My first thought was of Uatu the Watcher, the big-header star of Marvel Comics What If…. series, in which popular Marvel Universe stories were upended with simple twists of fate. For example, issue #7 dealt with what would have happened if someone other than Peter Parker had been bit by that radioactive spider that fateful day. The most amusing aspect of the series was how it allowed the writers to let loose with their wildest apocalyptic, nihilistic fantasies, as virtually every scenario seemed to end with the destruction of the universe (thus proving that the way it “really happened” was truly meant to be).

As unintentional as this had to be on Wynorski’s part, it does force an inevitable comparison between his and Brock’s takes on the slasher genre and it’s one where he definitely does not come out on top. Whereas Brock was able to make the first slasher film that was set entirely in the pov consciousness of a young woman’s mind, Wynorski was only able to deliver a film that aims for moronic parody and fails.

 More telling, though, is the profession chosen for the character in SHMII. The fact is that in a film already so full of gratuitous nudity the strip club sequence is by far the unnecessary and redundant. Knowing what I do about his previous work, I suspect both it and the rest of the police sequences were added late to the script when it became evident the original draft was too short. I’d even guess they were shot long after the film was first completed, were it not for the fact that the same scenes are all essentially replicated in Hard To Die, making this scenario highly unlikely.

Whatever the reason for the sequence, it speaks volumes about who Wynorski is as a person and filmmaker that in his universe, this character turns out to be a stripper. Brock imagined an innocent girl driven to insanity by her horrific experience, while her Corman co-hort simply saw an opportunity to add another pair of tits into the mix.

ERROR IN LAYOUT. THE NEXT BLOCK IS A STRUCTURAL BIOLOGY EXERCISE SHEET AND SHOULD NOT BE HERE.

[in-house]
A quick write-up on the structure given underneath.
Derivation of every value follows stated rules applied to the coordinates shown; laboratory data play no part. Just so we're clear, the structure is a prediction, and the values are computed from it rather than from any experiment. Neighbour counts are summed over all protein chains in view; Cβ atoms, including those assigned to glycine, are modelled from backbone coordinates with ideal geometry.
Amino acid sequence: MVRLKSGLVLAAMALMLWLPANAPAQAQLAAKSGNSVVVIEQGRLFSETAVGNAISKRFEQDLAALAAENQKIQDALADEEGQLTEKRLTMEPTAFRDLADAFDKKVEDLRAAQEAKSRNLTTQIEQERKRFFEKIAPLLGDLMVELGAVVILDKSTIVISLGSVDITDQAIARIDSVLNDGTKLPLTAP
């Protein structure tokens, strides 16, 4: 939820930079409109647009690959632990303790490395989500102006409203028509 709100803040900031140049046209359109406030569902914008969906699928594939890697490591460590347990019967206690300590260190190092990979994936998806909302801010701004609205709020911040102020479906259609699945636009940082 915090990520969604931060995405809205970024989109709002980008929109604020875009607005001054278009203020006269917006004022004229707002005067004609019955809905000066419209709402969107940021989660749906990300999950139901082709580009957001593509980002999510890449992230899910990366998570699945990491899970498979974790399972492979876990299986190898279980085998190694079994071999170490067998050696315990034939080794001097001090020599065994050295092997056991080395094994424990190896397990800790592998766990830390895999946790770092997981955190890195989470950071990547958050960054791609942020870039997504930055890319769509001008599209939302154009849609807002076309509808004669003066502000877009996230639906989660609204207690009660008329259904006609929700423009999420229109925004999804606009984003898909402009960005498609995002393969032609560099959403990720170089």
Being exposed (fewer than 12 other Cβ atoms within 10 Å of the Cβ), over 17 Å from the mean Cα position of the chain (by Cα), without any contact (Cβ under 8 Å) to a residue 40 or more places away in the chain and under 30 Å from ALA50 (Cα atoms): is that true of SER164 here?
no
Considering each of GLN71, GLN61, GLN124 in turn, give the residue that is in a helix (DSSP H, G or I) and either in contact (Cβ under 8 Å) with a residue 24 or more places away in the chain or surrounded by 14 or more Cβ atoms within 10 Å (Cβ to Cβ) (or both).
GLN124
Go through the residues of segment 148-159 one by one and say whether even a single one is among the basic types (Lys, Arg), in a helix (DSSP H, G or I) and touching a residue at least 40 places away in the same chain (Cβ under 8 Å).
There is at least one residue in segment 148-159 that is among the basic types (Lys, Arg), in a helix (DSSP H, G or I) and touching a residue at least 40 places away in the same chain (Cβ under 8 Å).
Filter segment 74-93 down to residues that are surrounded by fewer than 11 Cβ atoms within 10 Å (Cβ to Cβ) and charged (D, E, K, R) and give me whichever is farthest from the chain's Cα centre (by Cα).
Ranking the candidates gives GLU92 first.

I strongly suspect that out there is an alternative universe where I prefer his take on the material over hers, but only Uatu truly knows.

 

Okay, so that’s it for these two flicks. Next week I’ll discuss a more serious work in the Wynorski canon that the director has gone on record as stating that he personally hates.

Next Week

The Haunting of Morella

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The Wynorski Project - Part Four "Deathstalker II: Duel of the Titans"

 

The Wynorski Project

Part Four

Deathstalker II

(1987)

Synopsis

Life gets exciting for Deathstalker, the womanizing "Prince of Thieves", when he rescues beautiful blond "seer" Reena from a trio of violent soldiers. After she convinces him that a vast reward awaits the man who stops the evil sorcerer Jarek from his reign of terror, they go on an adventure filled journey (Zombies! Female wrestlers! Amazons!), where our hero learns that Reena is a princess in exile, replaced by a mystical look-a-like who must consume men whole to survive. Blood is shed, breasts are bared, stuff explodes and there are happy endings for everyone who deserves one.


Before I begin, I want to say that the following might read more vitriolic than I intended. It is my belief that Deathstalker II is a bad movie, but the truth is that there's nothing wrong with being a bad movie. Bad movies make the world go round. And the fact is that as bad movies go, Deathstalker II isn't that bad. I just didn’t think it was very funny, which is somewhat problematic for a film that’s supposed to be a comedy.

But then this might be expected for a film that didn’t start out as a comedy. Originally written as a straightforward sequel to the original Deathstalker—a film best remembered today for featuring an early appearance by the late Lana Clarkson and the scene in which Barbi Benton’s see-through robe is rather redundantly torn off her bound body—Wynorski decided just as filming began in Argentina that the only way to save it from being a complete fiasco was to rewrite it on the fly with help from his leading man, Chopping Mall’s John Terlesky. Inspired by Frank Capra’s It Happened One Night and old Looney Tunes cartoons, they decided to turn it into a wacky road comedy.